Tag Archives: PZ Myers

Misleading posts in Deepak Chopra’s Twitter feed verge on trolling

Deepak Chopra

Deepak Chopra, photo by Mitchell Aidelbaum licensed under a CC BY-SA 2.0 license.

Susan Gerbic contacted me the other day. She was confused by an unsolicited message she had received from none other than Deepak Chopra on Twitter. To save you the click – it’s just a bare URL in a tweet, no other explanation. Presumably Chopra wants Susan to read that blog post?

More on that later, but I told Susan I’d seen odd behavior before in Chopra’s Twitter feed. He sometimes seems almost obsessed with the idea of getting those who criticize him to read his columns and blog posts. I had made a note to myself to investigate this as part of my bad behavior series. I thought it would be an interesting follow up to my previous post about Deepak Chopra’s employee acting as his sock-puppet on Wikipedia.

It used to be that digging around in old tweets was very difficult, because Twitter’s search function only went back a few weeks. But last year Twitter enhanced search to include years of old tweets. Using Twitter’s advanced search function (which has also been recently enhanced), I dug deeper into Chopra’s Twitter feed to see how often he does things like this.

What emerges is a sad pattern of a man who has almost 2 million followers (and a verified account!) acting as if it is vitally important his followers see that he is debating with certain key atheists on Twitter. He also seems bizarrely obsessed with getting certain people to read his blog. In the process I believe he’s skirting the Twitter rules on spam, and encouraging bad behavior in some of his co-authors as well.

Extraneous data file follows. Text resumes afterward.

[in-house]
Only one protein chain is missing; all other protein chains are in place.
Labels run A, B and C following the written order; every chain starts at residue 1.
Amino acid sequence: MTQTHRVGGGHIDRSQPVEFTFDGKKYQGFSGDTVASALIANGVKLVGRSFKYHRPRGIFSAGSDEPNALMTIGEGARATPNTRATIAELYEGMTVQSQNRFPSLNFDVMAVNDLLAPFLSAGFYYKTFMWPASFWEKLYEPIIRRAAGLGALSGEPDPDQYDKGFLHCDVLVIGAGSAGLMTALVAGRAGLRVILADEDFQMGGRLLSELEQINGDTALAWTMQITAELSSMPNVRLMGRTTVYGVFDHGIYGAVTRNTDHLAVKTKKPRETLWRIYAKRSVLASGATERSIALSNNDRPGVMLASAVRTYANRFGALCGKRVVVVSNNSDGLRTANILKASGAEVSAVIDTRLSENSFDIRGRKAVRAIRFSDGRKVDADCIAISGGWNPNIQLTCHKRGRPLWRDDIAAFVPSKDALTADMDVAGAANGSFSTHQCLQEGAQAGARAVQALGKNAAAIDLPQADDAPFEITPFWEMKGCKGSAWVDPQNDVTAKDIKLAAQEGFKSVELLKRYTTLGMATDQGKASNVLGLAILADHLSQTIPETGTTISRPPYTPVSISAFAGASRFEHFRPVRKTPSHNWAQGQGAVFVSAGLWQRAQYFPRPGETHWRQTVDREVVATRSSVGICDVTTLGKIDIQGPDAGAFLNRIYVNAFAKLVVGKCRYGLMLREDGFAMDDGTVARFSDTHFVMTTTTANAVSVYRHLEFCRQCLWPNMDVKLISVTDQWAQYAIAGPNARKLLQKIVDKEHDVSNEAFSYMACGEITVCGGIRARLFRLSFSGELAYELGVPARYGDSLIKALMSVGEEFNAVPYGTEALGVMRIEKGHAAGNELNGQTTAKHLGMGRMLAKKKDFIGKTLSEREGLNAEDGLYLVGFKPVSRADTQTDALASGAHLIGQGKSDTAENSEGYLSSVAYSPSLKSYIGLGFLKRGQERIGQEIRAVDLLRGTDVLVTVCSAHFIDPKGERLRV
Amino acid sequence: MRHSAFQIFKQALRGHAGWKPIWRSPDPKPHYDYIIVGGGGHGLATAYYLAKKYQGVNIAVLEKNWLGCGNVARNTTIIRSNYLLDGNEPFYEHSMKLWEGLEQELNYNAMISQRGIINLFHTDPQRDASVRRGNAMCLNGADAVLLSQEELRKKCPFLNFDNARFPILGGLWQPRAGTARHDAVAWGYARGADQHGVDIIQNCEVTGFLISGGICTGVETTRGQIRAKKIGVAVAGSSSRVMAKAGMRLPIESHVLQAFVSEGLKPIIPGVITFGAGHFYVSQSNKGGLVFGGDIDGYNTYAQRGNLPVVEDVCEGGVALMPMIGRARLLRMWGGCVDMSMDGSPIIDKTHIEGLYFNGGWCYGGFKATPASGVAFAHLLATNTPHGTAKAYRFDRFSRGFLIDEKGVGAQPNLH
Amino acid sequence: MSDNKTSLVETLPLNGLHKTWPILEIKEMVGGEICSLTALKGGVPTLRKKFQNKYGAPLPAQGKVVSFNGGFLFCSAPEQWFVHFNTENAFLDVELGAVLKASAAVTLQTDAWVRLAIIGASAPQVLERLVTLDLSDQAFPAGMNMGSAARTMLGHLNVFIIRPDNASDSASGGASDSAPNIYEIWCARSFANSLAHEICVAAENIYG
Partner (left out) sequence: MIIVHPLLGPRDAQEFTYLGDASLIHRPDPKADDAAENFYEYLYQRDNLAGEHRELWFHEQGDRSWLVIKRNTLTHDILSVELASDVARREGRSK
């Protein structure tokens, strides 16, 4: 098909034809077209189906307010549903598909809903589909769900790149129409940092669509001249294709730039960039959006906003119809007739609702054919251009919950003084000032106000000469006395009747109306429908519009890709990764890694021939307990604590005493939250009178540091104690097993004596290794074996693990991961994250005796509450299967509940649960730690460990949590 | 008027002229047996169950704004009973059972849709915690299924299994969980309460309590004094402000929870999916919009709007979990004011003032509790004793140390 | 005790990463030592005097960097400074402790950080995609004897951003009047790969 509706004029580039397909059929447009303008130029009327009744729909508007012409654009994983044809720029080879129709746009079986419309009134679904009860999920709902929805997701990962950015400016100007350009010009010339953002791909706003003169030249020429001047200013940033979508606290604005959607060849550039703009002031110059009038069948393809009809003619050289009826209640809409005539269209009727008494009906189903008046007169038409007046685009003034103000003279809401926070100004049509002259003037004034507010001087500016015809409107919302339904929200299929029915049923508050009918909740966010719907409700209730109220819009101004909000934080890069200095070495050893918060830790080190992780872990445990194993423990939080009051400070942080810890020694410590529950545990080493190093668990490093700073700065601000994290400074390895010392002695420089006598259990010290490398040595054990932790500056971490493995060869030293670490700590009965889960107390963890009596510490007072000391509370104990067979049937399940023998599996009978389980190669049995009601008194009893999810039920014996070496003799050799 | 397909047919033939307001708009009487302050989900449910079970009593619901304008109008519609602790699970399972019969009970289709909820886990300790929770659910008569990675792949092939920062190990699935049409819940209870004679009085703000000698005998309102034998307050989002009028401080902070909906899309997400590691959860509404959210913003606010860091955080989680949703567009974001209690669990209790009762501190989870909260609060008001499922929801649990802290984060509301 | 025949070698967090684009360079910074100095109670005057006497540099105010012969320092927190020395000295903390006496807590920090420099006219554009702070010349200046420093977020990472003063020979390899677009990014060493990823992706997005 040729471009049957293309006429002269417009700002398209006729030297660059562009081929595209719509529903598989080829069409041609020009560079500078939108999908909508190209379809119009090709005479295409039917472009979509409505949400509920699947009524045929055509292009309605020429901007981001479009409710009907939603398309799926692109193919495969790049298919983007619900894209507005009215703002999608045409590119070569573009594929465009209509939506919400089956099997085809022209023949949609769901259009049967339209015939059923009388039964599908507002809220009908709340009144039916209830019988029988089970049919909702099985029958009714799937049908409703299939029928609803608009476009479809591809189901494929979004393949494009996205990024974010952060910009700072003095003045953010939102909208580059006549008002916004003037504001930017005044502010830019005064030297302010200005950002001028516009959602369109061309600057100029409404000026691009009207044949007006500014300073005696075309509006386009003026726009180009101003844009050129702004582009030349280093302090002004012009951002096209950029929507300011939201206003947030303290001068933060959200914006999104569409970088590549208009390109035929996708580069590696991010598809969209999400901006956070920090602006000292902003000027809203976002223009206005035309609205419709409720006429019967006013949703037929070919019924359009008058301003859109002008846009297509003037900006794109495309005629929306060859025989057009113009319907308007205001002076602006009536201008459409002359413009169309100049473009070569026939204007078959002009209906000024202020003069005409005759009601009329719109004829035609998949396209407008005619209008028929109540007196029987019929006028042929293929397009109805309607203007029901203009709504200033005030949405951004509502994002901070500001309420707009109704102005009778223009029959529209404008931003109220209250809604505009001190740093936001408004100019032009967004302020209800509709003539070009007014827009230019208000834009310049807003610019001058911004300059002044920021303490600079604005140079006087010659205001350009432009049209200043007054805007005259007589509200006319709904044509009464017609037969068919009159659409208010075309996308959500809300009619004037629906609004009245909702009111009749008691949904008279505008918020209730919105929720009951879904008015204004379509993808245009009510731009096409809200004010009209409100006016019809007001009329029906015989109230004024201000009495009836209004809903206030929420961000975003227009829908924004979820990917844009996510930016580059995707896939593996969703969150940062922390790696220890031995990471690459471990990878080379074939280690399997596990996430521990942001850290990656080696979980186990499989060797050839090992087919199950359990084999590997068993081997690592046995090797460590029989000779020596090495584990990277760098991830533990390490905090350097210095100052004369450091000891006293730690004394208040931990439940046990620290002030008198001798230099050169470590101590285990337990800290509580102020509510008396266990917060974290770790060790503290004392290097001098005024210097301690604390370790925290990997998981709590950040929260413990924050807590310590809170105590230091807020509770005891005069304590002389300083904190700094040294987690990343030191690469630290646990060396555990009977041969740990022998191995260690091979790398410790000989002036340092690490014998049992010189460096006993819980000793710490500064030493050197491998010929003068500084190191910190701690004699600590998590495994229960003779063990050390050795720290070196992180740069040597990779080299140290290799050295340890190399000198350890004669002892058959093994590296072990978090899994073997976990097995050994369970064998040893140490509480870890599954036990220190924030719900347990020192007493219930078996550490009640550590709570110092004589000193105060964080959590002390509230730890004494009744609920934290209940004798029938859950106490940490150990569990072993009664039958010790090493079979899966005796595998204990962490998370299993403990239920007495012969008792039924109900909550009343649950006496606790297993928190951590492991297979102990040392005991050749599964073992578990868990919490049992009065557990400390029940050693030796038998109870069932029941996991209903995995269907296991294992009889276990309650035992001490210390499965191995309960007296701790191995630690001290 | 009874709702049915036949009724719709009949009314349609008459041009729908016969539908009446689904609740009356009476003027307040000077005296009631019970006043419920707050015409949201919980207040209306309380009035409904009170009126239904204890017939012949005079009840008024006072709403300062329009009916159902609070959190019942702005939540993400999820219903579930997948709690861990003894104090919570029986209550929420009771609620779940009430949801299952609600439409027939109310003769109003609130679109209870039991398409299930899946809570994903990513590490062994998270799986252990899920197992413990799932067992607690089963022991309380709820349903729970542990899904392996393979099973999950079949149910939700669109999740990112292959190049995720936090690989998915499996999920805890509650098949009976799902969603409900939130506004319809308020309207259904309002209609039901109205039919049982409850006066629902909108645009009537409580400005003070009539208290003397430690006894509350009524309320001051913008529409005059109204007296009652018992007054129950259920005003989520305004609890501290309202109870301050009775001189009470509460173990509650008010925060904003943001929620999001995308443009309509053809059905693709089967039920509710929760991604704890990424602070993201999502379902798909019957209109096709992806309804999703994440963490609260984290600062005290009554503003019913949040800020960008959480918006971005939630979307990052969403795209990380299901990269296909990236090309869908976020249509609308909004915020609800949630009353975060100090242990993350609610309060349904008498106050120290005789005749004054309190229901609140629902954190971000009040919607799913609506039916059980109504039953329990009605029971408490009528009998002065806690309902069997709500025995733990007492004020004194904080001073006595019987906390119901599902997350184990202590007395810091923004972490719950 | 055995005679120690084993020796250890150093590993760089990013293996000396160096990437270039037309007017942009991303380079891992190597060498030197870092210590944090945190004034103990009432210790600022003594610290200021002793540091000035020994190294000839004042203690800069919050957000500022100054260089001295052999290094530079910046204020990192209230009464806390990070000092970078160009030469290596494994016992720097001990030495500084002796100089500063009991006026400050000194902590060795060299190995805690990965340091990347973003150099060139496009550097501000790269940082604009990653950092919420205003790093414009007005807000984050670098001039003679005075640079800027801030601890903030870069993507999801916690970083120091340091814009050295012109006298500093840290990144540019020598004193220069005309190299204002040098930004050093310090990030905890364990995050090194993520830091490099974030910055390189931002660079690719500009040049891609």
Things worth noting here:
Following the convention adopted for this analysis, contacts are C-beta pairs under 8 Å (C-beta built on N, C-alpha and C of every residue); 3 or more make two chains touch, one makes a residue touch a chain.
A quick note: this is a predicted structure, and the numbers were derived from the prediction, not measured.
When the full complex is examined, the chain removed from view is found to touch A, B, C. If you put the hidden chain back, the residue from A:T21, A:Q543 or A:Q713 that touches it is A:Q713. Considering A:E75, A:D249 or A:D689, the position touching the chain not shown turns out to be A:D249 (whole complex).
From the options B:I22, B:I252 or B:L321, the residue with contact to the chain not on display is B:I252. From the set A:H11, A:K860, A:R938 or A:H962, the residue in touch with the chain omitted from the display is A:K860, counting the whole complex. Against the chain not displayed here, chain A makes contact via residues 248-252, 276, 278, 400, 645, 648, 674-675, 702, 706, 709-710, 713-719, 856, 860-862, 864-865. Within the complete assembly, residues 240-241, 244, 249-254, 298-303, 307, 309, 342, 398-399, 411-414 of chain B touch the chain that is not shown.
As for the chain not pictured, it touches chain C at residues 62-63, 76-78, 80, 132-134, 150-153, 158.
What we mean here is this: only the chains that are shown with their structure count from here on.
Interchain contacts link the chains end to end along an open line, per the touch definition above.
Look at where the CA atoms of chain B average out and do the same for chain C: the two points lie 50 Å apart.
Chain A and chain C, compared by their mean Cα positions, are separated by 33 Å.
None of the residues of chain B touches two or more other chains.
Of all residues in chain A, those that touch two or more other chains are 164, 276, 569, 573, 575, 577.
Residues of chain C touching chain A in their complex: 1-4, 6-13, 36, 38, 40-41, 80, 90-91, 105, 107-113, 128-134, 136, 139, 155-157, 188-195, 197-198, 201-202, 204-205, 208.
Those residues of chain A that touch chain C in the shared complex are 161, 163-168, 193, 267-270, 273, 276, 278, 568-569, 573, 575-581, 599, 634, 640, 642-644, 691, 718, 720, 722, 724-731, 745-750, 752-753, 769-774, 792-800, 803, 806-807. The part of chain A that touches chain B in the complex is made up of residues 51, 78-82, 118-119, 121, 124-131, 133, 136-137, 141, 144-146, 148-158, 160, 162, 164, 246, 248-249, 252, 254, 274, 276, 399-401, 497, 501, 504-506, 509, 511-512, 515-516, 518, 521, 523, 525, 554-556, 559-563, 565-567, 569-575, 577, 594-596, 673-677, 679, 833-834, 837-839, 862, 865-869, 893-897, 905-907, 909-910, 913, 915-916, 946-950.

So let’s use that enhanced Twitter search and look a little deeper….

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Twitter reaction to my #TAM2012 speech

I’ve gotten a fantastic reaction to my presentations at The Amazing Meeting 2012 (TAM2012) this year. Part of that reaction took place on Twitter during my talks and in the weeks since.

Twitter has a notoriously short memory, its search only goes a few days back. So comments on a live event can slip into Twitter’s memory hole alarmingly quickly. They’re actually all still there, but just inaccessible unless you know the URLs.

So I thought I would capture the live comments on my TAM2012 Plenary talk: You are the Future of Skepticism on the Internet. They give you an idea of what live-tweeting on a speech is like, and show what the initial reaction to the talk was.

I’ve included both positive and negative comments, as many as I could find.  These are presented in mostly chronological order, though I’ve reordered a few comments when it helps to follow the flow of conversation. And as you’ll see, I pulled out one sub-conversation so it can be read on its own.

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